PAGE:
Washington, Mar 14 (EFE).- The United States said Monday it has no plans in the works to import oil from leftist-led and sanctions-hit Venezuela.
“It’s not an active conversation at this time,” White House Press Secretary Jen Psaki said in response to a question from a reporter at her daily press conference.
Psaki poured cold water on the idea of the US’s easing sanctions on Venezuela and allowing crude imports from that oil-rich but crisis-racked country nine days after representatives of the White House and the State Department visited the South American country.
The possibility of sanctions being relaxed on Venezuela, a country whose government the US says has remained in power through rigged elections, sparked criticism from both Republicans and Democrats in Congress.
Colombia, a close regional ally of the US and an ideological foe of Venezuela, said for its part that it has spoken with American officials and offered to supply additional crude at a time when high oil and gasoline prices are affecting consumers in the US and other countries.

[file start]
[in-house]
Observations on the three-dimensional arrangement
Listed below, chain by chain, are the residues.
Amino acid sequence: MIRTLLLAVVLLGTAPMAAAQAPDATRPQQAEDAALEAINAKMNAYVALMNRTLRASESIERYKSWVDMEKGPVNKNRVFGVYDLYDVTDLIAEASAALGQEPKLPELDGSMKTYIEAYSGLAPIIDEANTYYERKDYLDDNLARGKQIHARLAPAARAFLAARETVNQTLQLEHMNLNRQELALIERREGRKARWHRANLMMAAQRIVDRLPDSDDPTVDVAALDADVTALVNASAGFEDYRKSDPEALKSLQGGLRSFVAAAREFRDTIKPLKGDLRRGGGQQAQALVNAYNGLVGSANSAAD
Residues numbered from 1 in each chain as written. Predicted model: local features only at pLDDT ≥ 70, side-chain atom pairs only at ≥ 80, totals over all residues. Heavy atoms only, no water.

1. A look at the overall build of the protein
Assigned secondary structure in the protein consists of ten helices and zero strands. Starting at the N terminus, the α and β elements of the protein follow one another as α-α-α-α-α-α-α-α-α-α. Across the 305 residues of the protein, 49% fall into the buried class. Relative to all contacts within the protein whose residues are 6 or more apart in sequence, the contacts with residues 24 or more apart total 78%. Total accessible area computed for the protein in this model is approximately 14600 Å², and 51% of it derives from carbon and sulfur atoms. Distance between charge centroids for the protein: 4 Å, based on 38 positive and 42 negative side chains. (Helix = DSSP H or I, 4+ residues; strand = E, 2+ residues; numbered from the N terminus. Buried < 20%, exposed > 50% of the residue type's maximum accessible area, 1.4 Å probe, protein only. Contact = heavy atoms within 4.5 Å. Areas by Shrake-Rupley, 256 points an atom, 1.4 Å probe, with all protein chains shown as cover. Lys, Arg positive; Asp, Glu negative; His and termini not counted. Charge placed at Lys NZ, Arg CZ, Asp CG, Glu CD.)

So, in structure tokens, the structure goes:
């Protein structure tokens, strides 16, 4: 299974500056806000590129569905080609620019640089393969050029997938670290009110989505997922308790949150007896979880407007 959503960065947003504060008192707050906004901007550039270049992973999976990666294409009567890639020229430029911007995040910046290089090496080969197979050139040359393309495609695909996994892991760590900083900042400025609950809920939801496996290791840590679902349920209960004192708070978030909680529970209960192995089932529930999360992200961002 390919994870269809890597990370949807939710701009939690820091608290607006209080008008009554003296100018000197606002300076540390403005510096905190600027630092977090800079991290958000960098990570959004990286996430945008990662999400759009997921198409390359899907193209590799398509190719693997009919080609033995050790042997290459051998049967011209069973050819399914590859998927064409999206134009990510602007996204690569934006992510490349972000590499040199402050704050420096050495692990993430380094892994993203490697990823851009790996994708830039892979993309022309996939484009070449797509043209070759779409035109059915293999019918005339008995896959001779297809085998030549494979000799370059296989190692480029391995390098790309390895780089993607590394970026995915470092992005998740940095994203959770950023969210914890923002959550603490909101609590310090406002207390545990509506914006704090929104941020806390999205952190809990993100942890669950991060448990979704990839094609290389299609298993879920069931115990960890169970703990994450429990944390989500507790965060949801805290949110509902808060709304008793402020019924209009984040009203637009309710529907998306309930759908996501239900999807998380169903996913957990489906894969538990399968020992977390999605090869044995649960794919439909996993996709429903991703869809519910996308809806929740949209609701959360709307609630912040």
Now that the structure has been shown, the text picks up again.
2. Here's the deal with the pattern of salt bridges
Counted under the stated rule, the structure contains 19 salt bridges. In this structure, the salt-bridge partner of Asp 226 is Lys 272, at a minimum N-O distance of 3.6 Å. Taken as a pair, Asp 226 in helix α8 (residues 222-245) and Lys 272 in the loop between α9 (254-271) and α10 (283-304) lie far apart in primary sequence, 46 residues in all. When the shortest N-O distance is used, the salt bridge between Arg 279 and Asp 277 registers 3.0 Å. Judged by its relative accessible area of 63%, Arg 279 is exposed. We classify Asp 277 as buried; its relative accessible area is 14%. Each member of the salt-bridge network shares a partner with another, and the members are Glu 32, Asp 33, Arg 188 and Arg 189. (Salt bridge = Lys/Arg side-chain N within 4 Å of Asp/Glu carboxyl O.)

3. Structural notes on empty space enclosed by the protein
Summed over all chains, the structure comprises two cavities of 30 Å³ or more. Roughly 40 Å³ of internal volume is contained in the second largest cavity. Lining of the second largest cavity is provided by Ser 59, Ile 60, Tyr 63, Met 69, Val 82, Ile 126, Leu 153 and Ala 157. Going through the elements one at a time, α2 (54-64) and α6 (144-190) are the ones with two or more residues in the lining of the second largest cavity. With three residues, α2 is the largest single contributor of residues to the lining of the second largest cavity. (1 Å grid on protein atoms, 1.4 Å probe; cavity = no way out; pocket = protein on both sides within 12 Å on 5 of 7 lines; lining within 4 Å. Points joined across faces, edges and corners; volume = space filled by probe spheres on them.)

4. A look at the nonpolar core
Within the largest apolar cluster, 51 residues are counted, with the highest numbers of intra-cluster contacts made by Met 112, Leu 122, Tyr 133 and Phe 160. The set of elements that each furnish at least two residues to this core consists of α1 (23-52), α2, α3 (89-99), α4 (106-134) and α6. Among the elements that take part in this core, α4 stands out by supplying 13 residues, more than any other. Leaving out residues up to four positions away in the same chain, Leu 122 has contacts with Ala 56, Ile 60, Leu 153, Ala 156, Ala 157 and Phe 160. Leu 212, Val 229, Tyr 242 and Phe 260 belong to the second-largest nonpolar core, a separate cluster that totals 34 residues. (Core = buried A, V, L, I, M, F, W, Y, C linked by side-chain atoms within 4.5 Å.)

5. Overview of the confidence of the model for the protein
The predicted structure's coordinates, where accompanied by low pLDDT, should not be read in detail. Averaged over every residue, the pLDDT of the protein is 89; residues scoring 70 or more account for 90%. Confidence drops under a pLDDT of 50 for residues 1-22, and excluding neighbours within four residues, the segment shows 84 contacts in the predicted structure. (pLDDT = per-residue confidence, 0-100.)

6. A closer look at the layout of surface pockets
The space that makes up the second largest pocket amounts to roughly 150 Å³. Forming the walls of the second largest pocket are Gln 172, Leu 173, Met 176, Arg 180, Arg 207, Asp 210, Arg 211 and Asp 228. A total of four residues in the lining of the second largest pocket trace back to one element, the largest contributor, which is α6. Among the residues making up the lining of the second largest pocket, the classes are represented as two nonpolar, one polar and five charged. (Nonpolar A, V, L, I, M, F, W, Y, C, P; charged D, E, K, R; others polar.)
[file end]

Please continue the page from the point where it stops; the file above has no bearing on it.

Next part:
Psaki confirmed Monday that President Joe Biden had spoken with Colombian counterpart Ivan Duque about that matter following Russia’s invasion of Ukraine.
But she said only that the US is continuing to talk with a number of oil producers about the importance of maintaining global supplies.
Asked if the US government was weighing the possibility of granting US energy giant Chevron Corp. a special license for expanding its role in joint ventures with Venezuela’s state oil company, a step toward boosting Venezuelan crude output and exports, Psaki said there are no immediate plans for such a move.
The March 5 trip in which a high-level US delegation met with Venezuelan President Nicolas Maduro constituted the most senior visit by US officials to Caracas in more than two decades, according to the White House.
That visit came just over a week after the invasion of Ukraine by Russia, a close ally of Venezuela’s, and amid speculation that Biden is considering resuming imports of Venezuelan oil – banned under his predecessor, Donald Trump – in a bid to bring down gasoline prices.
The White House has not denied that the topic came up during the meeting, but it has downplayed the possibility of a policy shift since receiving criticism from prominent members of Congress such as Cuban-American Bob Menendez, a Democratic senator from New Jersey.
The US has said the main topic of conversation with Maduro was the situation of 10 US prisoners in Venezuela, two of whom were released shortly after the visit. EFE